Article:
Some sites hosting Harry Potter slash fiction have received cease-and-desist letters from Scholastic Inc. Harry's U.S. publisher and Warner Bros., concerned that their young audience may stumble across a Harry/Draco BDSM story like this one while surfing the Web for other Potter links:
"They stood facing each other poised on the edge of something and then as one they moved towards each other. Their lips met and Harry felt the pain flow away. His arms snaked round the other boy and Draco deepened the kiss, his lithe frame moulding to Harry's as they embraced. It was not like the awkward, stolen kisses Harry had shared with either of his girlfriends of previous years, and he could feel the passion running through the boy in his arms. They remained locked together for a long time, exploring with their lips and tongues and only reluctantly did either break the kiss." Gold-Tinted Spectacles by Beren
Slash fans differentiate between "canon" material original source material and "fanon," flights of fantasy created by fans. One author who wishes to be known only as "W." is a young publishing professional with a degree in gender studies from New York University. About maintaining the integrity of the original story, she says, "If it's not true to the character, then it sort of loses the point. Yes, you're stretching the true character and canon by 'gaying them up' in the first place, but you shouldn't completely throw away the base. A lot of times you can explore new things by adding the twist of gay."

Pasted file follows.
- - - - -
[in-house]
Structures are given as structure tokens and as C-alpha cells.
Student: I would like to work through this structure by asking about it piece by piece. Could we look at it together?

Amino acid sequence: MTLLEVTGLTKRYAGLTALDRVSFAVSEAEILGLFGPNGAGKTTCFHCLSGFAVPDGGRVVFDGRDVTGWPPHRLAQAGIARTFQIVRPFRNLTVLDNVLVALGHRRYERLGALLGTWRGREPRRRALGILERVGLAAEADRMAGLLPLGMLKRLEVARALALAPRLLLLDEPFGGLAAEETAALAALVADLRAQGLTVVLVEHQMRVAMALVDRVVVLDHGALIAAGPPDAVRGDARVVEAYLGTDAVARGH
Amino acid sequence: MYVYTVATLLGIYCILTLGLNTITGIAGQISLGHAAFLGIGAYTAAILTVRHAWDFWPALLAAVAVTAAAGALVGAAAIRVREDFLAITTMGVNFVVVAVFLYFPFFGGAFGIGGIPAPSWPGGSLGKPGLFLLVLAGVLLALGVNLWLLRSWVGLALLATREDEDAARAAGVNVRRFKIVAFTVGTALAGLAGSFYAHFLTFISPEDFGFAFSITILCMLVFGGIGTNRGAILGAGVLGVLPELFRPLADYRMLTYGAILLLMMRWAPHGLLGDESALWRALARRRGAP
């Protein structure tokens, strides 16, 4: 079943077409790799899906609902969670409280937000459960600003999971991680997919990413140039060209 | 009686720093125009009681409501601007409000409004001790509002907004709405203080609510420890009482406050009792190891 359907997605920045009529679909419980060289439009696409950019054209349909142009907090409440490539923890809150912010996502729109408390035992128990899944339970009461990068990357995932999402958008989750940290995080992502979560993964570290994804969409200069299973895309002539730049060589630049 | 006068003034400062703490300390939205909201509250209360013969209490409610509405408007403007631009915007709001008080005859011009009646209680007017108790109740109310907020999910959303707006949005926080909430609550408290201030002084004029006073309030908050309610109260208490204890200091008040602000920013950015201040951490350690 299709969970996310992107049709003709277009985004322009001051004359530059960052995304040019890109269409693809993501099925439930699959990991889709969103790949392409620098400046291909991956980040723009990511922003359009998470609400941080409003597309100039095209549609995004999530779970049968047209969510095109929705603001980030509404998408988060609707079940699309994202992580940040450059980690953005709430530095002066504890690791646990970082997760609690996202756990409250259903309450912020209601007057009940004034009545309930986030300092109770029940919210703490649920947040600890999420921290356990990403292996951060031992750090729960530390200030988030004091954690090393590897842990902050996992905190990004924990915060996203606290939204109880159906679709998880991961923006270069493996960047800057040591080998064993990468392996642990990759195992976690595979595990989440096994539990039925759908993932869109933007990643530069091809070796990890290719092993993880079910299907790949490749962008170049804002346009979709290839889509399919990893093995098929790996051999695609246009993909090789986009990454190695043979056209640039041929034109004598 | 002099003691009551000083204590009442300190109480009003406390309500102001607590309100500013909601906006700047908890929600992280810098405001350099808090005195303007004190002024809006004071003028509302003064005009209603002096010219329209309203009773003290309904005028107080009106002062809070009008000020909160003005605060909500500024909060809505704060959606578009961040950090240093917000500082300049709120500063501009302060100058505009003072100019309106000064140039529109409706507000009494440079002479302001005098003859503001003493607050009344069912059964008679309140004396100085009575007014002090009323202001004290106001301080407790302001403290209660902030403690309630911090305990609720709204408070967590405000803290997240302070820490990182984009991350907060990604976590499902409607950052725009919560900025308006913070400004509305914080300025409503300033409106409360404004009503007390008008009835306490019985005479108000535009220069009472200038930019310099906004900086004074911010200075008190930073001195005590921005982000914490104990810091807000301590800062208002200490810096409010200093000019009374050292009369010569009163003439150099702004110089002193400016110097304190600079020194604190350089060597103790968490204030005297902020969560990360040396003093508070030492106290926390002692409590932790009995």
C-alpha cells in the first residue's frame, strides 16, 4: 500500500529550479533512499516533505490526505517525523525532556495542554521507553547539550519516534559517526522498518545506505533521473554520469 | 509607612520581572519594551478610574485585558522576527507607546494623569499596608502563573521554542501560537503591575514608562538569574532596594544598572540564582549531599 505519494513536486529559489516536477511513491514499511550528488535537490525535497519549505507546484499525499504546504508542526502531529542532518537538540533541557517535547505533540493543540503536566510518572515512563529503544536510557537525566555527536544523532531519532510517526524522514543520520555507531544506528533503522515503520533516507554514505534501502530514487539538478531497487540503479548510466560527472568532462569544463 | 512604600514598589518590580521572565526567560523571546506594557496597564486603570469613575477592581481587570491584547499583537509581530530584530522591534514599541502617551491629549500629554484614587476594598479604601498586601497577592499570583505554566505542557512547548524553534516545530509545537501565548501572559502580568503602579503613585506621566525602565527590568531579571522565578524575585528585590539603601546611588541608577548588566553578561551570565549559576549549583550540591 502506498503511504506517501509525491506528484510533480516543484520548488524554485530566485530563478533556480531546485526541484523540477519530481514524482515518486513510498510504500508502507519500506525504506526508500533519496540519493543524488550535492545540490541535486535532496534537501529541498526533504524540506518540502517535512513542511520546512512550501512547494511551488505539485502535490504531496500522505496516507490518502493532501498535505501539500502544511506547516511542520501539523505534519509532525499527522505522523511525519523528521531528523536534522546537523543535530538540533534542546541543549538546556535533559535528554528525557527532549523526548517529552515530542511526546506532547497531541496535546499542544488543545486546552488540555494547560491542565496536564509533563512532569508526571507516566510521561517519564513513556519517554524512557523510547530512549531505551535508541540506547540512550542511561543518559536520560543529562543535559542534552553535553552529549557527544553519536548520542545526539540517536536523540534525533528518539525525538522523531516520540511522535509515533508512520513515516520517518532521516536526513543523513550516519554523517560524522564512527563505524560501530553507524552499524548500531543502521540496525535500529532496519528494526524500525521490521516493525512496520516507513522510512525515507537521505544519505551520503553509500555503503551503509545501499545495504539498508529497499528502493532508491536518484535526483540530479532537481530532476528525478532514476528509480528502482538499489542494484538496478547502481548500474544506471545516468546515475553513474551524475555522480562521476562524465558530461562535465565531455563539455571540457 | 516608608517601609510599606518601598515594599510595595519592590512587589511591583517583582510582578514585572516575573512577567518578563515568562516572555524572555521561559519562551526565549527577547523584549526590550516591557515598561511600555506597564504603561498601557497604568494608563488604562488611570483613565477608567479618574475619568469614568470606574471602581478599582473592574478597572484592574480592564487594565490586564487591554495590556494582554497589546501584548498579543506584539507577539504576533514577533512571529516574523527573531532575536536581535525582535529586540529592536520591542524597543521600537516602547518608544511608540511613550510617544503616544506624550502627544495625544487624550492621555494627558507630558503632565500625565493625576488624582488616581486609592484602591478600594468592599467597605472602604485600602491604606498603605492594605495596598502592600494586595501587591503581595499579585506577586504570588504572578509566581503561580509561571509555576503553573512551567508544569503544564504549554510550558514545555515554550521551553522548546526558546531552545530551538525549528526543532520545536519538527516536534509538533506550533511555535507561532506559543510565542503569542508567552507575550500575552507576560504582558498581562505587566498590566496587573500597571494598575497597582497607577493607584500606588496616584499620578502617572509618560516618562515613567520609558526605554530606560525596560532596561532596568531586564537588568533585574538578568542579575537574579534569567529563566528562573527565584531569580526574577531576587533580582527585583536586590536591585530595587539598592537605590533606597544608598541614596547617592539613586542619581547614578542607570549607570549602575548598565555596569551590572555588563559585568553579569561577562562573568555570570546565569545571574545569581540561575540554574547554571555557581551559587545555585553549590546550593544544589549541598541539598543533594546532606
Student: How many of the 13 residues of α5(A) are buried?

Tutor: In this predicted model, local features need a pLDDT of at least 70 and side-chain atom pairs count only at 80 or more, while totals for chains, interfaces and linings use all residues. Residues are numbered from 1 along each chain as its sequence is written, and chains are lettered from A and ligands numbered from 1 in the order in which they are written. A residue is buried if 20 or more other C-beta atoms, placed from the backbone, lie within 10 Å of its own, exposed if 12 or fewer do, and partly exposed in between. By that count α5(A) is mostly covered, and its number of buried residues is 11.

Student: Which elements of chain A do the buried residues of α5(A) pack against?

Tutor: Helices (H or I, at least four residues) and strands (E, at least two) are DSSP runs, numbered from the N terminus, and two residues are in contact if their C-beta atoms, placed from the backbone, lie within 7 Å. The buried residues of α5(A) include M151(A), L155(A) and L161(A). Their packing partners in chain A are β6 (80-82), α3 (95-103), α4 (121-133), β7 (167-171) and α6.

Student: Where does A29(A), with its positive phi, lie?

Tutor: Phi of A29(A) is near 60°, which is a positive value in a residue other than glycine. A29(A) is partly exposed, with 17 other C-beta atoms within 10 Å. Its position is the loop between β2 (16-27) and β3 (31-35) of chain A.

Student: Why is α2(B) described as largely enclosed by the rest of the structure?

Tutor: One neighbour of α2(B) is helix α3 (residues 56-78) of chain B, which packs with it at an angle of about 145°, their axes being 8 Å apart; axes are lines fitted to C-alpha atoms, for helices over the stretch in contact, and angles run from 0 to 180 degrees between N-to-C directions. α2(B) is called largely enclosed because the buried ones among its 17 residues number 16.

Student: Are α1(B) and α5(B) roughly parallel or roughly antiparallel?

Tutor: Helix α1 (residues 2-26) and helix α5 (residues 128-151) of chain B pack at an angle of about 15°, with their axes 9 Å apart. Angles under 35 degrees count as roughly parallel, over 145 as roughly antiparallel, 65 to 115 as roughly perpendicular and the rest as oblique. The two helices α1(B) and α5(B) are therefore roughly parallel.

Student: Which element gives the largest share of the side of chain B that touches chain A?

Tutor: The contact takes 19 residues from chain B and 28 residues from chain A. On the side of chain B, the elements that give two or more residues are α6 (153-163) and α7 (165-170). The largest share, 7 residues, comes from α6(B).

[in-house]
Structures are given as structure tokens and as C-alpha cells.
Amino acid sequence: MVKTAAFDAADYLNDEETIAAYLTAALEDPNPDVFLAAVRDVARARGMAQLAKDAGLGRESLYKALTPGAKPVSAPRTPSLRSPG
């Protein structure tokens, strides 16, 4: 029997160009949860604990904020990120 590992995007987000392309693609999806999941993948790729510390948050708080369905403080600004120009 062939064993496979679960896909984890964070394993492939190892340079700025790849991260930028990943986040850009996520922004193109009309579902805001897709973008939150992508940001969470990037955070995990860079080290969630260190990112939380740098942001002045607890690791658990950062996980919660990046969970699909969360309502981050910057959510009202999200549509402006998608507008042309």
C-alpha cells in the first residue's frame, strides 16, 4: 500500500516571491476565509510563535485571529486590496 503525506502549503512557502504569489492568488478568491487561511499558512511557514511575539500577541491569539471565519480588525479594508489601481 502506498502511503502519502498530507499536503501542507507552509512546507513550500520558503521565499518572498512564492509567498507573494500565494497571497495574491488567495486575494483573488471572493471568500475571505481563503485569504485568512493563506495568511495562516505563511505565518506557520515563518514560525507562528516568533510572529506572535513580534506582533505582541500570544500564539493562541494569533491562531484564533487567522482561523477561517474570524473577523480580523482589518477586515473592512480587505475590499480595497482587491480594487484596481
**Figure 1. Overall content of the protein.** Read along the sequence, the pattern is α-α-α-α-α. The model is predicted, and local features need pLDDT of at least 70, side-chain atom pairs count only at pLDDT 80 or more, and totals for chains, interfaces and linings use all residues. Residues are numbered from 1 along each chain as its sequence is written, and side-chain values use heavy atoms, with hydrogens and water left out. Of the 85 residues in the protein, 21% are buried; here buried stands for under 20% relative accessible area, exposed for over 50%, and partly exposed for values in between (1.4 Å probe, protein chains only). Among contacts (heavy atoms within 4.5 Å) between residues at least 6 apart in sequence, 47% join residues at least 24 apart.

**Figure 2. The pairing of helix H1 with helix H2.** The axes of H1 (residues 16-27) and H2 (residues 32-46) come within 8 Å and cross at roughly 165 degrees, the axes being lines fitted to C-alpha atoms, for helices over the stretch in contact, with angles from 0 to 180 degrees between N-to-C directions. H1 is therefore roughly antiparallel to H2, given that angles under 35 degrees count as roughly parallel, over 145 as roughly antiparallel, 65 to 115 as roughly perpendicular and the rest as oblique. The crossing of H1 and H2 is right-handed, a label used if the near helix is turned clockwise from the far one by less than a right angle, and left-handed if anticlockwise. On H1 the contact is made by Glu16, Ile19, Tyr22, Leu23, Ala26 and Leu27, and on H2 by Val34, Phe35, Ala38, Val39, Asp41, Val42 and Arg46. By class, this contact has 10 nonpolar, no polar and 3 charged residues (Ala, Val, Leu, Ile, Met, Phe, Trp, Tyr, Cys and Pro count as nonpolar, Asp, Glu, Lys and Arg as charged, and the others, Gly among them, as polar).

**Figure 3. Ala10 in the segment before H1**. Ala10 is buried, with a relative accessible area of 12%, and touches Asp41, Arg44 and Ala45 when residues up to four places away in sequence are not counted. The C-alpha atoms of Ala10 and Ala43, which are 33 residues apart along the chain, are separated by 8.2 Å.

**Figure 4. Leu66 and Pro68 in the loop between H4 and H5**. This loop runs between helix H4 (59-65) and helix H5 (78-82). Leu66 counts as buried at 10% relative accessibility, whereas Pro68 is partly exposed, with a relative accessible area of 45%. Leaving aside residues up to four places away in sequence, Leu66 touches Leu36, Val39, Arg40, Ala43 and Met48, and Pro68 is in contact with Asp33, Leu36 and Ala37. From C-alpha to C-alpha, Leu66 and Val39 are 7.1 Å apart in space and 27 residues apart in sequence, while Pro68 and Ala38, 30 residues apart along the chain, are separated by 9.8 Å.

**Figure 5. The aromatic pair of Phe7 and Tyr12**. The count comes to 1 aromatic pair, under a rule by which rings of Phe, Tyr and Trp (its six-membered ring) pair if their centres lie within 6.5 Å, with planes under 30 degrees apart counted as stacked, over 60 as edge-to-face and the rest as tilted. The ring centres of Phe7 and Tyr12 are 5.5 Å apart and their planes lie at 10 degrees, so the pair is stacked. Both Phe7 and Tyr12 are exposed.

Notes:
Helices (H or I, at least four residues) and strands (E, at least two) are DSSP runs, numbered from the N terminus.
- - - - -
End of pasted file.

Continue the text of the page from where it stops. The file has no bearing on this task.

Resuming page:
That's part of what appealed to 27-year-old Leah Alconcel, an American living in London with a Ph.D. in chemistry and a yen for pretty boys licking each other.
She was first exposed to slash about three years ago, when an Internet friend asked her to proofread or "beta," in slash parlance a Harry Potter story she'd written. "She's a good writer, and especially with Harry Potter, her stories gave a depth to the characters a sexual identity that's completely missing from the canon work."
Alconcel is working on an original novel, but writes slash in her spare time.
"A lot of times, writing original stuff, or getting up the gumption to write it, is stressful and draining. Writing fan stuff is just fun. It feels like an indulgence."
But the craft is only part of the attraction it's also pretty hot.
W. says, "Sure, you can have character exploration in slash fic, but the essential point is to get the characters together and banging for your own prurient interests. Or, at least, that's what I'm looking for when I read."